Nocturnal Cramping: What is it? Who Gets it? And How To Get Rid of it?
One question that I often get asked by my clients at my sports massage clinic is, ‘Why do I keep getting cramps at night?’
Nocturnal leg cramps are pains that people experience at night. They are most frequently experienced in the calves but may also occur in the feet or thighs. Many people often wake up in a state of cramp with the sensation of their muscles contracting and ‘knotting’.
An episode of cramps can last anywhere from a few seconds up to a few minutes. Due to the intense level of muscle contraction involved, nocturnal cramping can leave muscular soreness in the affected area for several days after the event.
The people who tend to experience more common bouts of cramping are the over 50’s, but younger people will also experience it at various times.
What Causes Nocturnal Cramping.
There are many theories on what may cause the cramping.
The NHS states that cramping can sometimes be caused by the following:
– Not drinking enough fluids
– Liver Disease
– Medication to lower cholesterol, or high blood pressure
Other possible causes include:
– Parkinson’s Disease
– Neuromuscular Disorders
– Respiratory Disease
Some researchers have theorised that our modern day lifestyle may contribute to cramping. They link the enhanced tissue health from the time our ancestors spent resting in the squat position (stretching & strengthening the soft tissues), to the modern day where our need to squat has all but been removed.
It has also been theorised that when we lay in bed, our feet are generally kept in a ‘plantar-flexed’ position. This meaning that our toes are pointed. In this position the tissues of the calf are in a shortened state. After being in this shortened position for long periods of time, even a slight movement could trigger cramping.
There is some evidence, the strength of which is questionable, that Magnesium and Calcium deficiencies play a part in these cramps. There is also research to show that people who stand up for long periods of time during the day are more likely to suffer than those who do not.
How Can Nocturnal Cramps be Prevented?
There is some evidence that stretching before bedtime, targeting the hamstrings and calves, could reduce the frequency of cramps by nearly 60%. However, there are also studies which show no correlation!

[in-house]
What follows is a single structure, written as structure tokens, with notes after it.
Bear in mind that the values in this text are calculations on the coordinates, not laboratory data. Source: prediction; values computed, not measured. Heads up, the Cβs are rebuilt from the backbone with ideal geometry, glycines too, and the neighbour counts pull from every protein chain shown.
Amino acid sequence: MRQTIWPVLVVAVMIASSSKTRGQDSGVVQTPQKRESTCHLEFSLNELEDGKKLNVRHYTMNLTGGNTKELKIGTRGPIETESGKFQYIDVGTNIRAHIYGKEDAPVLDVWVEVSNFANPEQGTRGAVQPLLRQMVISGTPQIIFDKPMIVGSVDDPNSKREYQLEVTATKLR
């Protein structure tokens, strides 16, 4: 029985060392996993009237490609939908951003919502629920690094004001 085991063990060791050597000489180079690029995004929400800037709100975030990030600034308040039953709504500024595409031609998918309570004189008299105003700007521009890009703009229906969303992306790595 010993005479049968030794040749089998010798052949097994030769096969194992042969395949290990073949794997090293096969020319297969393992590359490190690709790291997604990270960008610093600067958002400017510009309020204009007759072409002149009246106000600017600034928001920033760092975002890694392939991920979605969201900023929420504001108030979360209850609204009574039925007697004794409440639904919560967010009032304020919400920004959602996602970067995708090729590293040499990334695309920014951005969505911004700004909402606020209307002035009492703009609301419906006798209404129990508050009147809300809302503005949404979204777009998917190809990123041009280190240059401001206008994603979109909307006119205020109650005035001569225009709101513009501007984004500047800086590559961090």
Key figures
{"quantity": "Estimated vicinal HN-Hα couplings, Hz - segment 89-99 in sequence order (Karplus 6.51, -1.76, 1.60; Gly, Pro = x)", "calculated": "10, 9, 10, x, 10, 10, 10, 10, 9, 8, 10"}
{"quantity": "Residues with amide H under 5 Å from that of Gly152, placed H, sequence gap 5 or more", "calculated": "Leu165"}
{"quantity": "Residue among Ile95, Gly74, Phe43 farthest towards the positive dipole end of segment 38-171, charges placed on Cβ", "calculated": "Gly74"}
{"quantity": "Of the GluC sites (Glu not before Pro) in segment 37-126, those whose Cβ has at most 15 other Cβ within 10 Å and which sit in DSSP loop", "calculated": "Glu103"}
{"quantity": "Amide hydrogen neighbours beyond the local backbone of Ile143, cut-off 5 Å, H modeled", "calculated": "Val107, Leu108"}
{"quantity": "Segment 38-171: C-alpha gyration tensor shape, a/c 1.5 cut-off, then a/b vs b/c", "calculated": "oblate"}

Increasing the intake of magnesium may have positive effects, as many people do not consume adequate amounts within their diet.
Consuming a larger intake of liquid throughout they day may also be beneficial. The standard recommended amount of water to consume per day is 2 litres. Although, I am not sure how much of that advice is solid evidence based. Either way, as long as you drink when you are thirsty, maintain a pale, straw like urine colour and increase your fluid intake when physically active, you will be fine!
In essence – there is no rock solid reliable approach to getting rid of nocturnal cramps as it is not fully understood yet exactly what may be causing them. So, the best approach would be somewhat trail and error. Making changes based on what could potentially work and seeing how the body responds.
If cramping has been experienced then stretching and sports massage therapy can be very effective in reducing the muscular soreness experienced. I treat many people at my Nottingham sports massage clinic who have experienced bad cramps and the combination of soft tissue massage, advanced stretching techniques and dry needling can be very effective.
Thanks for reading,
https://jamanetwork.com/journals/jama/article-abstract/372582?redirect=true http://cochranelibrary-wiley.com/doi/10.1002/14651858.CD009402/full https://www.ncbi.nlm.nih.gov/pubmed/21846281 https://www.sciencedirect.com/science/article/pii/S1836955312700681